L.A. Not So Confidential is a not so typical true crime podcast. The hosts, Los Angeles-based psychologists Dr. Shiloh and Dr. Scott, examine cases through the lens of forensic psychology and offer their hot takes on all things crime with a little snark and a whole lot of criminal justice expertise. When the show started back in October of 2017, the podcasting duo had just switched vocational gears to become law enforcement psychologists— now, they’re seasoned veterans in the realm of crisis response and negotiation. Dr. Shiloh and Dr. Scott sat down with me to chat about the potential psychological impacts of COVID-19, their fool-proof research process and their favorite episodes of the show.
Elena Hollemon: How was your work impacted by COVID-19 and what steps are you taking to navigate any shifts that might have occurred?
Dr. Shiloh: For me, and actually both of us in the long run, not much has changed for us. I directly serve the employees of a police department, so their jobs certainly didn’t stop. The stress and mental health challenges were certainly through the roof, so it was actually time to step it up if anything. We took precautions with telehealth, and my case load went up astronomically. There are still some work from home days, but it’s not like the actual job has changed in terms of what’s asked of me. I was still going on SWAT calls to do crisis negotiation.
Dr. Scott: Mine was almost exactly the same. I partner with law enforcement to address the needs of the chronically mentally ill in the community or escalating events that could turn into something more dangerous. I give such credit to our IT department who, within two months, had moved everything to online platforms in this unbelievable way that is so impressive to me. Clinics around the county were able to provide even more services to people that needed mental health services without needing transportation.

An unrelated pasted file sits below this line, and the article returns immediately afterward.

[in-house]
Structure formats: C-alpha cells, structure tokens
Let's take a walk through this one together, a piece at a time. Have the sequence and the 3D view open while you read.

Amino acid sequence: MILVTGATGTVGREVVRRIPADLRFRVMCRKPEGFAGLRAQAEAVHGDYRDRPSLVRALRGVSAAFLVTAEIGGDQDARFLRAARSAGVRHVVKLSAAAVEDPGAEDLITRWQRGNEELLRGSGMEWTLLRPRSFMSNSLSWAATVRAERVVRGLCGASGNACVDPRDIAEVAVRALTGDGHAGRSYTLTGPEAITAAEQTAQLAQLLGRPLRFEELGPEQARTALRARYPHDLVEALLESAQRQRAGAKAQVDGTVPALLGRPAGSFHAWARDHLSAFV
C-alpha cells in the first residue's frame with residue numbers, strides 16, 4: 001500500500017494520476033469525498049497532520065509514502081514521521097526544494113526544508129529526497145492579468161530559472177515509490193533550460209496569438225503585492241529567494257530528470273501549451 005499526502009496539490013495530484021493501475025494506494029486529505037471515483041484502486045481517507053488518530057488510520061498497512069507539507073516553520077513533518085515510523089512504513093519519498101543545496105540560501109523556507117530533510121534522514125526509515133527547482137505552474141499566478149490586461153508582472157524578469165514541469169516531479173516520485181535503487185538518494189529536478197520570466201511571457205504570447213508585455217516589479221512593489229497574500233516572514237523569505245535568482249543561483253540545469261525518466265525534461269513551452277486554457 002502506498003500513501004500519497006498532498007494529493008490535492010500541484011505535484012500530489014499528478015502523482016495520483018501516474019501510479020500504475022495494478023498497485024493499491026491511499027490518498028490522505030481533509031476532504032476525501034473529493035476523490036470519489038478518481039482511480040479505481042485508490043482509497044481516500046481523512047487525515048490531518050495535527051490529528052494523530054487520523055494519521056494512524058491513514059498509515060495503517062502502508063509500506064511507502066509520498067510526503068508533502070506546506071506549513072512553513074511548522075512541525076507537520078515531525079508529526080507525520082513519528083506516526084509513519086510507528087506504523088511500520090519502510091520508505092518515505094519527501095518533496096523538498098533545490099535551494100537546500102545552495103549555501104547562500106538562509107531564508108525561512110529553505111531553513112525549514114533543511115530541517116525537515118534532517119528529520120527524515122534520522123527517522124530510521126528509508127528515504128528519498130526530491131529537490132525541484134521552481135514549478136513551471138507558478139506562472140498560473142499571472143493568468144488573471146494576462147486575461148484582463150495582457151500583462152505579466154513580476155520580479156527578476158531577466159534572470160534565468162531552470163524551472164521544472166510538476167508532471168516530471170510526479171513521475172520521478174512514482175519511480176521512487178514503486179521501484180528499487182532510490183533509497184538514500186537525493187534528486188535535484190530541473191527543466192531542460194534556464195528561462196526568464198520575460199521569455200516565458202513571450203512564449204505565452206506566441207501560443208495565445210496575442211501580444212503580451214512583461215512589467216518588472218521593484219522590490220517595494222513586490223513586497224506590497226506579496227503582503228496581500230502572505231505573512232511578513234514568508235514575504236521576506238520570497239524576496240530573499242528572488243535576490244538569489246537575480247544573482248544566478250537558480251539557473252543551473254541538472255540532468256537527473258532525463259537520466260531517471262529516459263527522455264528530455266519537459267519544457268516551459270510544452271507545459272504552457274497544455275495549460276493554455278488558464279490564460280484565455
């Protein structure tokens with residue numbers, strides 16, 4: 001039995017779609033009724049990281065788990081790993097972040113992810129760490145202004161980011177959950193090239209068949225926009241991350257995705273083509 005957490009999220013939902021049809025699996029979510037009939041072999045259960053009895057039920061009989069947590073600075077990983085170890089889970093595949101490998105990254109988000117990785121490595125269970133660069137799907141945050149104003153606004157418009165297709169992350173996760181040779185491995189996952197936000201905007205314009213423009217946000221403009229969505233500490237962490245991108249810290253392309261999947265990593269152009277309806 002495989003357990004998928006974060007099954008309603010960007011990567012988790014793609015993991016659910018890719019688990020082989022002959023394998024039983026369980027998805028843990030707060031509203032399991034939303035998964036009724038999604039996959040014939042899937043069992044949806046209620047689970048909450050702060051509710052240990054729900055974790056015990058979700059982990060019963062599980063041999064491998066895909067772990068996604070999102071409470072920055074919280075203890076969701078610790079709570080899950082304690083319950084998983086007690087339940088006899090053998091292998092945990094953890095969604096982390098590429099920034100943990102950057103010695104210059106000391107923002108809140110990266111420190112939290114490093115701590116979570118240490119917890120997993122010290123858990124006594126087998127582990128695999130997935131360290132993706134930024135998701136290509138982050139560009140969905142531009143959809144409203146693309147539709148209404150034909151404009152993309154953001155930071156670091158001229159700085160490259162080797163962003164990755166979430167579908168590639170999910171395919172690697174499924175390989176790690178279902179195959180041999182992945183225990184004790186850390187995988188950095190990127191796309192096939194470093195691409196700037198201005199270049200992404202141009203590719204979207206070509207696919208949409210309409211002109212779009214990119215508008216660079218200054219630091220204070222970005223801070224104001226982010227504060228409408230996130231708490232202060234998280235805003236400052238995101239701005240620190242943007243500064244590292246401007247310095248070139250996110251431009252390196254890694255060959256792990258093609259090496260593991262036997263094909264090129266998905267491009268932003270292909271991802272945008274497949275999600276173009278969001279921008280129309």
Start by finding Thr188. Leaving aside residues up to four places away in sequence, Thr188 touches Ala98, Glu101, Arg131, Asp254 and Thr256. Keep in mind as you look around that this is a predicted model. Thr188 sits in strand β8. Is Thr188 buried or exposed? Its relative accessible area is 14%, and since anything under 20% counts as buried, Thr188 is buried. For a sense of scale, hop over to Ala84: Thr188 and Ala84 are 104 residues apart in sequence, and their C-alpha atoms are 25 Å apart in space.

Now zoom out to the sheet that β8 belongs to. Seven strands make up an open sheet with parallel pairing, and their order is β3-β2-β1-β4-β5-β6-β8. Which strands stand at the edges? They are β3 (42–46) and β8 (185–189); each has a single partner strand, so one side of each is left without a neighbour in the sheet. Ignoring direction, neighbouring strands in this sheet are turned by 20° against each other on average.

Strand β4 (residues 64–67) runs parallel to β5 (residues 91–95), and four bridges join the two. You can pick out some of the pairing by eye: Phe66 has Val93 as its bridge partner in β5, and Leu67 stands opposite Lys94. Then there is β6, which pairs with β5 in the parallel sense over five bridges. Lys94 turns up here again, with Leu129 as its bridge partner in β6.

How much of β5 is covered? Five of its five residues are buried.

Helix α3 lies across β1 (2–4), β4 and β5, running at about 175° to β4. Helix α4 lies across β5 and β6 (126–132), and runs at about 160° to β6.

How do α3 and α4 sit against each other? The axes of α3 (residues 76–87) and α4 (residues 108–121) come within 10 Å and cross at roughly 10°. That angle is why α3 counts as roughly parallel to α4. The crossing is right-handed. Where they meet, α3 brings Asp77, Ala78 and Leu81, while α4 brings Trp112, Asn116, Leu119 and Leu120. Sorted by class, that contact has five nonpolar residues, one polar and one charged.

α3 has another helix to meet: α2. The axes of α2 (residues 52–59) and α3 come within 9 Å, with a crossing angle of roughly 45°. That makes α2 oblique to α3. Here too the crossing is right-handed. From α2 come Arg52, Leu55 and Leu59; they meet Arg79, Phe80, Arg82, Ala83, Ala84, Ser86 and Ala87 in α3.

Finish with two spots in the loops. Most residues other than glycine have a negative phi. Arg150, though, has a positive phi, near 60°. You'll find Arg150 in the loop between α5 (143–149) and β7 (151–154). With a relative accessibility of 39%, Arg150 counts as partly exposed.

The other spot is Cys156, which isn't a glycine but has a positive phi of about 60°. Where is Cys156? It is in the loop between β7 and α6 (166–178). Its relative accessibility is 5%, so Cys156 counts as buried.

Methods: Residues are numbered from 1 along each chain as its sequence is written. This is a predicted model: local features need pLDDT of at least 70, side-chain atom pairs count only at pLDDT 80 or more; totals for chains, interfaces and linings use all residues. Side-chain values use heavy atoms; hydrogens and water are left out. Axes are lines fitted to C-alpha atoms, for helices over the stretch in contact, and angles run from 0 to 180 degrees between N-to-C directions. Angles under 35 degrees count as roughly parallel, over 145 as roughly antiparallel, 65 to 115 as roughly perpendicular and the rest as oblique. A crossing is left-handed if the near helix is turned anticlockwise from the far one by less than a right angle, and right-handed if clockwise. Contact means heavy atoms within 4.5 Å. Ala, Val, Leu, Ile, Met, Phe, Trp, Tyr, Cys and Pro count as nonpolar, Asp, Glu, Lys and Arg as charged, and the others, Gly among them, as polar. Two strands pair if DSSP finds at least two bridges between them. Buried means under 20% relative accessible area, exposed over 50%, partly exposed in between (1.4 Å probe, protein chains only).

Shiloh: Los Angeles was hit really hard financially, I mean I was looking at getting laid off. Think of all the travel and income that comes into the city, not to mention that sort of colliding at the same time with the “defund the police” movement. It was scary for a while, and we actually took some furlough days, so we got some days off of work but they weren’t paid. I’ll take that so everyone can keep their job rather than lay-offs, but that was a real part of something that we were facing as government workers.
EH: From a psychologist’s point of view, how do you think the collective trauma of COVID-19 will impact our society moving forward? Do you think that this trauma will influence crime (if it hasn’t already)?
Shiloh: I don’t know how long it’ll take to see the real impacts and what the fallout is going to be from the trauma because there’s just so many facets to think about. I mean, even just the delayed grief that people are feeling for loved one’s that they’ve lost. The mortuaries are so backed up that funerals can’t even take place. So that’s just one offshoot of how people’s mental health will be impacted. Then you think about socialization with kids, getting back into school and what that’s going to look like. How much of a ripple is this going to be in their development? We’ve never seen anything like it before, so we have to kind of wait for it to happen and then the research starts and then we can start saying, “okay, here’s what’s going on and here’s how we can start addressing it.”